Advantages and Disadvantages of Micro-Spray Irrigation Systems

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Micro-spray is a cross between surface spray irrigation and drip irrigation. It has some of the advantages and some of the disadvantages of each type of irrigation.  Like drip irrigation, micro-spray is considered a type of low-pressure irrigation typically operating with pressures between 15 and 30 psi.  It is generally considered low volume with application rates of 5 to 70 gallons per hour (gph) (18.9 Lph to 264 Lph).  Micro-spray typically creates a larger wetted area then drip irrigation making it well suited for irrigating ground covers, large flowerbeds and sandy soil.

Advantages and Disadvantages of Micro-Spray Irrigation
Advantages and Disadvantages of Micro-Spray Irrigation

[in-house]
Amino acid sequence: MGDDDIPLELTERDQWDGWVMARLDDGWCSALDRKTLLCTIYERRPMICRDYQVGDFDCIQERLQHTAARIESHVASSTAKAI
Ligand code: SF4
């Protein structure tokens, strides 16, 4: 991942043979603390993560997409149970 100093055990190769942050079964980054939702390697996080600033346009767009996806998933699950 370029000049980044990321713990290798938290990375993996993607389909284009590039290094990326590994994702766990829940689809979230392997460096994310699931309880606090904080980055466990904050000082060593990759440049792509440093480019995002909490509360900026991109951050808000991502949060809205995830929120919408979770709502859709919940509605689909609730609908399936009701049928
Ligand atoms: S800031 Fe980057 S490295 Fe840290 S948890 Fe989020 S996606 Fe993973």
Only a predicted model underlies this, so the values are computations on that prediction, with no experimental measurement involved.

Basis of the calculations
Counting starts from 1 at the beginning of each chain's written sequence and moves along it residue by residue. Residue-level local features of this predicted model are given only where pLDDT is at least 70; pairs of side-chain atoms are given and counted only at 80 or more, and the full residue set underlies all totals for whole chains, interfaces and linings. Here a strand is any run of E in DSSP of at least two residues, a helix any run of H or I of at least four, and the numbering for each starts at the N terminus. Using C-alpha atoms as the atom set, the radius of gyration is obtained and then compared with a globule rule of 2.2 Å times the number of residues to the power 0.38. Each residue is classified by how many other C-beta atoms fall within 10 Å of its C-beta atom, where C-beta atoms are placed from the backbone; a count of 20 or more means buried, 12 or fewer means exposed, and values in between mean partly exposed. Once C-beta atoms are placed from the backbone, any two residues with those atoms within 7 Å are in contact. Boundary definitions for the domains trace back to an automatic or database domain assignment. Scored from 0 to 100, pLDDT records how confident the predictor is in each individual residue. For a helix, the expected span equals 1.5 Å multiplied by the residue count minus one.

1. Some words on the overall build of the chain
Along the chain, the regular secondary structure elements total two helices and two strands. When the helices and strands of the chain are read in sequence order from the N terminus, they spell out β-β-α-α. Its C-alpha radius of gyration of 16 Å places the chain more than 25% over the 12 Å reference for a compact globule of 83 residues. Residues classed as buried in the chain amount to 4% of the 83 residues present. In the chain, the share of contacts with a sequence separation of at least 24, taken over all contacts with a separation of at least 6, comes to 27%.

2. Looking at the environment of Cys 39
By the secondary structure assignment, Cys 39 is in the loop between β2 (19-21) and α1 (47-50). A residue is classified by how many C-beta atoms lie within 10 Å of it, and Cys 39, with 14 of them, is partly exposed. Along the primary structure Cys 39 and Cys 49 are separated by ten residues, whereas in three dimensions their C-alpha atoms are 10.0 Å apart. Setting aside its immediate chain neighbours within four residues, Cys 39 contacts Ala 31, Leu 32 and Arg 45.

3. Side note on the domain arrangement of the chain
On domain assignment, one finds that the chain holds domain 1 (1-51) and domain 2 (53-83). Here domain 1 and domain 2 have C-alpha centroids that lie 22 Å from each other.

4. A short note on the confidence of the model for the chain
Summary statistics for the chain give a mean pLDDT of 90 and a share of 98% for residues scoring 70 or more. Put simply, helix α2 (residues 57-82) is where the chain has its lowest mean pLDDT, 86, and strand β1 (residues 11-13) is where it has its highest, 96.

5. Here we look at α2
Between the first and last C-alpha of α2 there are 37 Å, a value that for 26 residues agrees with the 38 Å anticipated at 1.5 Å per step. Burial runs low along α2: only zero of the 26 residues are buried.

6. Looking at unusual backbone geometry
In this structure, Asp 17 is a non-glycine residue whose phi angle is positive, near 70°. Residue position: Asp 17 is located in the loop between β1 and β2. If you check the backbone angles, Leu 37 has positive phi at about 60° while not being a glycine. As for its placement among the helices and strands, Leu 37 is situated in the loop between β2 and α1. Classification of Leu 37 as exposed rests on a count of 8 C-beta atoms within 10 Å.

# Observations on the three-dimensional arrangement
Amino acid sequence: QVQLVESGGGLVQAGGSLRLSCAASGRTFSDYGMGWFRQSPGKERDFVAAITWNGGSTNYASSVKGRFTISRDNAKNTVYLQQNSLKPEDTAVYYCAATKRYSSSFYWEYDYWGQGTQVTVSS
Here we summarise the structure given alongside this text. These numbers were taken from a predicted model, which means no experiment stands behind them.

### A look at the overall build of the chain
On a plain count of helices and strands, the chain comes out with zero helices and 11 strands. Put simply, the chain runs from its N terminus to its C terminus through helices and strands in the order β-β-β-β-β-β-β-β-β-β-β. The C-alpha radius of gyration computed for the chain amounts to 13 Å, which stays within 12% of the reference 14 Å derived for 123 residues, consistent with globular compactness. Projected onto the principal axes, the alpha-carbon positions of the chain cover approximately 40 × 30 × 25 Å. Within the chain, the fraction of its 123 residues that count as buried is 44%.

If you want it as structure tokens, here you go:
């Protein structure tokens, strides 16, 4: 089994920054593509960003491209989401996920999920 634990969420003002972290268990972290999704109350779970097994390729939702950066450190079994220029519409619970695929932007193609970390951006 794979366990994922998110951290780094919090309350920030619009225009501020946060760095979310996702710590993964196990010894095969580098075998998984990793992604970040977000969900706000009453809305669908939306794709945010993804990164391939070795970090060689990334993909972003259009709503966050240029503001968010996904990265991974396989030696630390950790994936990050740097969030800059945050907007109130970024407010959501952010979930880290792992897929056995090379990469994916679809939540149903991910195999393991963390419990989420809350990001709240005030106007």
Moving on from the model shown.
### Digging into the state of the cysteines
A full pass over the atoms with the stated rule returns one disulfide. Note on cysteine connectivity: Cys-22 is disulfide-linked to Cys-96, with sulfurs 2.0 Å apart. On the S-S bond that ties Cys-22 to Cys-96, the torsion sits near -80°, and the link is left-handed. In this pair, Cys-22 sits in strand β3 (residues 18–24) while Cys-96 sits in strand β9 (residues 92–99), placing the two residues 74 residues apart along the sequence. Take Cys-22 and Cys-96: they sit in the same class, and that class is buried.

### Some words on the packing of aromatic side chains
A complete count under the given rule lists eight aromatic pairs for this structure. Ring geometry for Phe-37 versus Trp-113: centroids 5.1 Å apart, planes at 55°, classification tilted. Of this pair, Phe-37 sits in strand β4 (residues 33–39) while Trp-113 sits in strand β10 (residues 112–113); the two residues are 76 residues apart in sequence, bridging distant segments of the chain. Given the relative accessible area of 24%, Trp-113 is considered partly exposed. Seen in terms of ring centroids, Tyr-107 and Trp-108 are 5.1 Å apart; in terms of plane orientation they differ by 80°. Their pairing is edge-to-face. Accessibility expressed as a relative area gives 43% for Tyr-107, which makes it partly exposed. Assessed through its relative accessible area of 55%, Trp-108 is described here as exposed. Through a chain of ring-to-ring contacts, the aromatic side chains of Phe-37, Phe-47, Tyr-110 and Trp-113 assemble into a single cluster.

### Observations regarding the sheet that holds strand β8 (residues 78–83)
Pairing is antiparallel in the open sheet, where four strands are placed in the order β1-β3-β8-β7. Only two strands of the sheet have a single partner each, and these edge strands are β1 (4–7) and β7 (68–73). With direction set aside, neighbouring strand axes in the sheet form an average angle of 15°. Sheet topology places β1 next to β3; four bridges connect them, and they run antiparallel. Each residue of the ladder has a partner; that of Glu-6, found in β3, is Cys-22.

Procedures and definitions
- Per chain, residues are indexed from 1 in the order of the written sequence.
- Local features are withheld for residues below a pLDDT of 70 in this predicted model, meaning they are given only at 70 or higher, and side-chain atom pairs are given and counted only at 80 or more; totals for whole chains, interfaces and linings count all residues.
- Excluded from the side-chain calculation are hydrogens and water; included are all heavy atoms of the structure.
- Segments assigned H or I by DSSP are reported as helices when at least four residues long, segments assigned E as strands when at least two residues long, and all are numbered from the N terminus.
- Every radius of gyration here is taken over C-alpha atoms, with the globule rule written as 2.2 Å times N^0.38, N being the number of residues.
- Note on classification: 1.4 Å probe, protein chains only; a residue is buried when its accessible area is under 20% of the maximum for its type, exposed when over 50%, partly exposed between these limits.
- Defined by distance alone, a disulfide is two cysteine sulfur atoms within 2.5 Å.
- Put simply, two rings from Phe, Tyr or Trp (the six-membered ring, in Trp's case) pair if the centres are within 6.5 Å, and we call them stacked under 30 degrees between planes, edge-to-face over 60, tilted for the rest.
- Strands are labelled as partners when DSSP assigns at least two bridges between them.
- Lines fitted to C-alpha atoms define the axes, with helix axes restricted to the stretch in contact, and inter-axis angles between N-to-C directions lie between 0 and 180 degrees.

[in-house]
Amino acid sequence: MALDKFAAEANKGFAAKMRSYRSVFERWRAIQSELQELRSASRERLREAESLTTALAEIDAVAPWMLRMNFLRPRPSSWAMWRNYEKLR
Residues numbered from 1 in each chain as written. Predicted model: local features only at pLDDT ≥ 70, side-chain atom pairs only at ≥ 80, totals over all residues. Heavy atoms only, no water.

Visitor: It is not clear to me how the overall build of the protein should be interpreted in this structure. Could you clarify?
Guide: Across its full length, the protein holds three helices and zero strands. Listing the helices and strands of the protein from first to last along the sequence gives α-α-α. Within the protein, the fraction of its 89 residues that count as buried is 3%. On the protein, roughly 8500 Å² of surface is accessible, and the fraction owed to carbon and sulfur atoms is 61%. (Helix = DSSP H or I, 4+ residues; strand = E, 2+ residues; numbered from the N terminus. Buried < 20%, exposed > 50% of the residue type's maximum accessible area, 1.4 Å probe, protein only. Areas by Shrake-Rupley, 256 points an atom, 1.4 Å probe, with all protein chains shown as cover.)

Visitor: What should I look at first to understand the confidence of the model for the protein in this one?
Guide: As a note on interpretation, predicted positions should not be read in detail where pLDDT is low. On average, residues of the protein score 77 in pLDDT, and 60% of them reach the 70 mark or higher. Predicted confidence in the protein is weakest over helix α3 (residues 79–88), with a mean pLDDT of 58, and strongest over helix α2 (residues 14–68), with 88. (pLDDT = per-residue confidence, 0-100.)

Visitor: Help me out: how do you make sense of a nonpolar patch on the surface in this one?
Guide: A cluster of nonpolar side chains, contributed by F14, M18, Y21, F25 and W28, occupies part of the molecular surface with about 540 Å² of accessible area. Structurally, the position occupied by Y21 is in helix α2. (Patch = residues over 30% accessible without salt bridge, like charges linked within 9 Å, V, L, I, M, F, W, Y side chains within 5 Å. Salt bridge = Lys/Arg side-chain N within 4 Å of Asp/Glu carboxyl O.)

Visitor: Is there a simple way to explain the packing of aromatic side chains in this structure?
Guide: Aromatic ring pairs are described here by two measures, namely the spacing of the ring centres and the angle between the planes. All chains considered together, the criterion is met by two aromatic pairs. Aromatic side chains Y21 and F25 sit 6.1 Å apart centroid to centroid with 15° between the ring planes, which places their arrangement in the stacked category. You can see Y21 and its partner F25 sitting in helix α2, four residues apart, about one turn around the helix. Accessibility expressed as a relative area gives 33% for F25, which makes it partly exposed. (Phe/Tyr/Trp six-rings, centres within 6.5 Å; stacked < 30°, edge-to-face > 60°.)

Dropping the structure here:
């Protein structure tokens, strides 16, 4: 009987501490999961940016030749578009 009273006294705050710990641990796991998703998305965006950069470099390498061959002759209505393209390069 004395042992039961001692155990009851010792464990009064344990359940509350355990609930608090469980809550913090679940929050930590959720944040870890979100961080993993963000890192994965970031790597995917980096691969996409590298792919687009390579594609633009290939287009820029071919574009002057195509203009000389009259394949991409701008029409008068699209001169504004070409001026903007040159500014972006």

Micro-spray is delivered through micro tubing to a series of nozzles attached to risers. These risers may be fixed or designed to pop-up.  In either case, it is easy to see that they are functioning, eliminating the most commonly voiced complaint about drip irrigation.  It provides many of the same benefits as micro-spray irrigation with a few exceptions:

  • It is less likely to be exempt from watering restrictions because it puts out a higher volume of water than drip irrigation
  • It is subject to evaporative losses and spray pattern disruption in windy conditions
  • Higher flow rates make it more susceptible to overwatering and runoff
  • Larger wetted areas may result in more weeds


Micro-spray maintenance is similar to that of drip irrigation although it uses nozzles instead of emitters to deliver water.  Nozzles are subject to clogging and disruption of flow pattern.  Nozzles can be blown off due to high pressure; tampering with flow adjustments can result in flows that are too high or too low for the landscaped area being irrigated.

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